There’s also a realization that in order to deliver all of this, we must make teaching a profession of high quality knowledge workers rather than the industrial work organization that we currently have. Finally, 21st century learning environments. This isn’t exactly a trend, but giving people more room to figure out when, how and where they learn is clearly an issue.
About Andreas Schleicher
Education Policy Advisor of the Secretary-General of the OECD and Deputy Director of the OECD Directorate for Education
Andreas Schleicher joined the OECD in 1994, where he has held the posts of Head
of the Indicators and Analysis Division of the OECD Directorate for Education (2002-2011), Deputy Head of the Statistics and Indicators Division in the former Directorate for Education, Employment, Labour and Social Affairs (1997-2002) and Project Manager in the OECD Centre for Educational Research and Innovation (CERI) (1994-1996). Before joining the OECD, Schleicher served as Director for Analysis at the International Association for the Evaluation of Educational Achievement (IEA) within the Institute for Educational Research in the Netherlands (1993-1994) and International Coordinator for the IEA Reading Literacy Study, at the University of Hamburg, Germany (1989-1992).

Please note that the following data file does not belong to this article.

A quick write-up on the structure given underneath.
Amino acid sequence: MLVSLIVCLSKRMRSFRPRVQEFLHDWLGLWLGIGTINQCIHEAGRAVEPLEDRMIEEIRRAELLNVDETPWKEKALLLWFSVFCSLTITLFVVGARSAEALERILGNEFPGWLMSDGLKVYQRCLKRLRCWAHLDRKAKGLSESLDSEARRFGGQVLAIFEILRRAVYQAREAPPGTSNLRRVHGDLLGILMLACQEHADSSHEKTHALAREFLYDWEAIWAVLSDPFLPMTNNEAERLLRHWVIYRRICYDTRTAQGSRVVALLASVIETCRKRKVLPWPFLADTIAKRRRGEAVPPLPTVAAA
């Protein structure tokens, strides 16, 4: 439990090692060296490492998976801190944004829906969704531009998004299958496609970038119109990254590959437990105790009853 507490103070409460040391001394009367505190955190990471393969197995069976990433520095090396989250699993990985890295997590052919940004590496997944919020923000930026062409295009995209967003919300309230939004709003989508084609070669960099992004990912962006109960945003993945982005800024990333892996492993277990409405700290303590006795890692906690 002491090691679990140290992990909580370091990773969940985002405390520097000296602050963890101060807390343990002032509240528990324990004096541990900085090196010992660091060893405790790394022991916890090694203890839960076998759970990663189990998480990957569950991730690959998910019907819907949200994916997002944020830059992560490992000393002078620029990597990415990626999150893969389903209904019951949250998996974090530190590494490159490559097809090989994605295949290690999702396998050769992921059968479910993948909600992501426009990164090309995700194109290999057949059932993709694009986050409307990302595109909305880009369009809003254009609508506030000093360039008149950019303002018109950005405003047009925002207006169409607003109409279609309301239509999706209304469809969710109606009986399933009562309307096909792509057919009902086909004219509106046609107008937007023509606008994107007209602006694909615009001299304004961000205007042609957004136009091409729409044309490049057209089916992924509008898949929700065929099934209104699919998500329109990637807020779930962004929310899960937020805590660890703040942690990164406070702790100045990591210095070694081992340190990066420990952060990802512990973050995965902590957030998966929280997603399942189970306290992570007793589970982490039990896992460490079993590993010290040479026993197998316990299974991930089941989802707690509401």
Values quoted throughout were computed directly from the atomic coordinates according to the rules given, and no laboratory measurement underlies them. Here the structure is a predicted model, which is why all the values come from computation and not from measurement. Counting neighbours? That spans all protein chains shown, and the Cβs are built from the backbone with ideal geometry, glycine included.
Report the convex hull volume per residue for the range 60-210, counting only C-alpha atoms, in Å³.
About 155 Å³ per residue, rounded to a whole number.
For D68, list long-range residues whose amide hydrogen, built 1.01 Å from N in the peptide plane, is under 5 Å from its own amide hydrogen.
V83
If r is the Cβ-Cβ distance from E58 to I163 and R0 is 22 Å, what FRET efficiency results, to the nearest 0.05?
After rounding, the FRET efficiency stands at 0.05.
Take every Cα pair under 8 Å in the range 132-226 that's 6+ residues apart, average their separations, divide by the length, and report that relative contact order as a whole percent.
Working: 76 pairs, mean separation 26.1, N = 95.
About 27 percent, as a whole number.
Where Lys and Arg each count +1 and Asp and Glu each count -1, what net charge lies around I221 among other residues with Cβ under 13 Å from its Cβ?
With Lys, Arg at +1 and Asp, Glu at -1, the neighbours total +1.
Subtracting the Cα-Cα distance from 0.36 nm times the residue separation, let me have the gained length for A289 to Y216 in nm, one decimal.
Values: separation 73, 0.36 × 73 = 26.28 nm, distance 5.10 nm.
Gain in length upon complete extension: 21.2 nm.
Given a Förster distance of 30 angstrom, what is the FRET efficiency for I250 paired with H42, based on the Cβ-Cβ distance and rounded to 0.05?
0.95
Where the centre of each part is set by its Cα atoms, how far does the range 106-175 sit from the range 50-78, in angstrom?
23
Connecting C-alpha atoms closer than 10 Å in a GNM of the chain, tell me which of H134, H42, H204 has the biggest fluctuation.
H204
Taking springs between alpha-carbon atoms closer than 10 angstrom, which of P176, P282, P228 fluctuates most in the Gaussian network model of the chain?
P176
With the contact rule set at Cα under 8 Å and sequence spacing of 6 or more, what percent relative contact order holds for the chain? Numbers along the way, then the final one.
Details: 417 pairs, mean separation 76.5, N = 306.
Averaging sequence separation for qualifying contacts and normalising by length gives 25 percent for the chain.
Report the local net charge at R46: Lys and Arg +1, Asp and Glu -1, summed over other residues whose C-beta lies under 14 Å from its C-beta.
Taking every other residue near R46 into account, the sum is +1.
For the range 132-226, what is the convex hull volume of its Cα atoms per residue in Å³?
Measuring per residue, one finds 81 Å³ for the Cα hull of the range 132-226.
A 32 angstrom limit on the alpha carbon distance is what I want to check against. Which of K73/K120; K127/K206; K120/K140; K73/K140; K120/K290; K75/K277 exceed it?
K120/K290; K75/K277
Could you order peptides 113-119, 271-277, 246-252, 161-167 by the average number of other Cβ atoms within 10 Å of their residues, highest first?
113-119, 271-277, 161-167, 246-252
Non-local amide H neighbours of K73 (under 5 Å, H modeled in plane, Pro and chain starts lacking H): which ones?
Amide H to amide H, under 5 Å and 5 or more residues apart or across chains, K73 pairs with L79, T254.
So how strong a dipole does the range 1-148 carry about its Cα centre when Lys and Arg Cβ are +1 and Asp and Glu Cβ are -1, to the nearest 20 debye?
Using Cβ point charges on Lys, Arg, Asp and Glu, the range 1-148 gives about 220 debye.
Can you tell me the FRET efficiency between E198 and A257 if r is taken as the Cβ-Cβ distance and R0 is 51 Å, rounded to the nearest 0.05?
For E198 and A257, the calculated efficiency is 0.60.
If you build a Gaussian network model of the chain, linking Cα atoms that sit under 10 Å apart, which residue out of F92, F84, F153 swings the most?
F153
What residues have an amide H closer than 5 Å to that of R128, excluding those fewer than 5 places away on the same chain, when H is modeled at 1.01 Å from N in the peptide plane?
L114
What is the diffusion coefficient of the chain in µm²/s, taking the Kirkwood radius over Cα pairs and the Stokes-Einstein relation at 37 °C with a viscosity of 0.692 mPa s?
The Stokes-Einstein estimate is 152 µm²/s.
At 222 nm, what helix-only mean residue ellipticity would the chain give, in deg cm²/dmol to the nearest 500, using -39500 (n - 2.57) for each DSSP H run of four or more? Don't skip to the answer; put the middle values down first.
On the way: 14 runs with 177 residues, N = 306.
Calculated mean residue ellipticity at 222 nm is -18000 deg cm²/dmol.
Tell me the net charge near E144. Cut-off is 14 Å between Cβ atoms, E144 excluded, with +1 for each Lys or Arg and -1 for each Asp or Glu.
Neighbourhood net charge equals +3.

Originally a graduate in physics, Schleicher subsequently studied mathematics at Deakin University in Australia, where his master’s thesis received the Bruce Choppin Award. He also holds an honorary professorship at the University of Heidelberg in Germany.
A German citizen, Andreas is married, with three children. He speaks German, English, Italian and French.
Main activities and responsibilities:
* Advancing the strategic agenda of the OECD in the field of education and skills, identifying new strategic priorities and developing high impact policy advice, and providing leadership of the work of the OECD Education Directorate.
* Oversees the design, management and analysis of OECD’s comparative assessments of the performance of education systems, including the: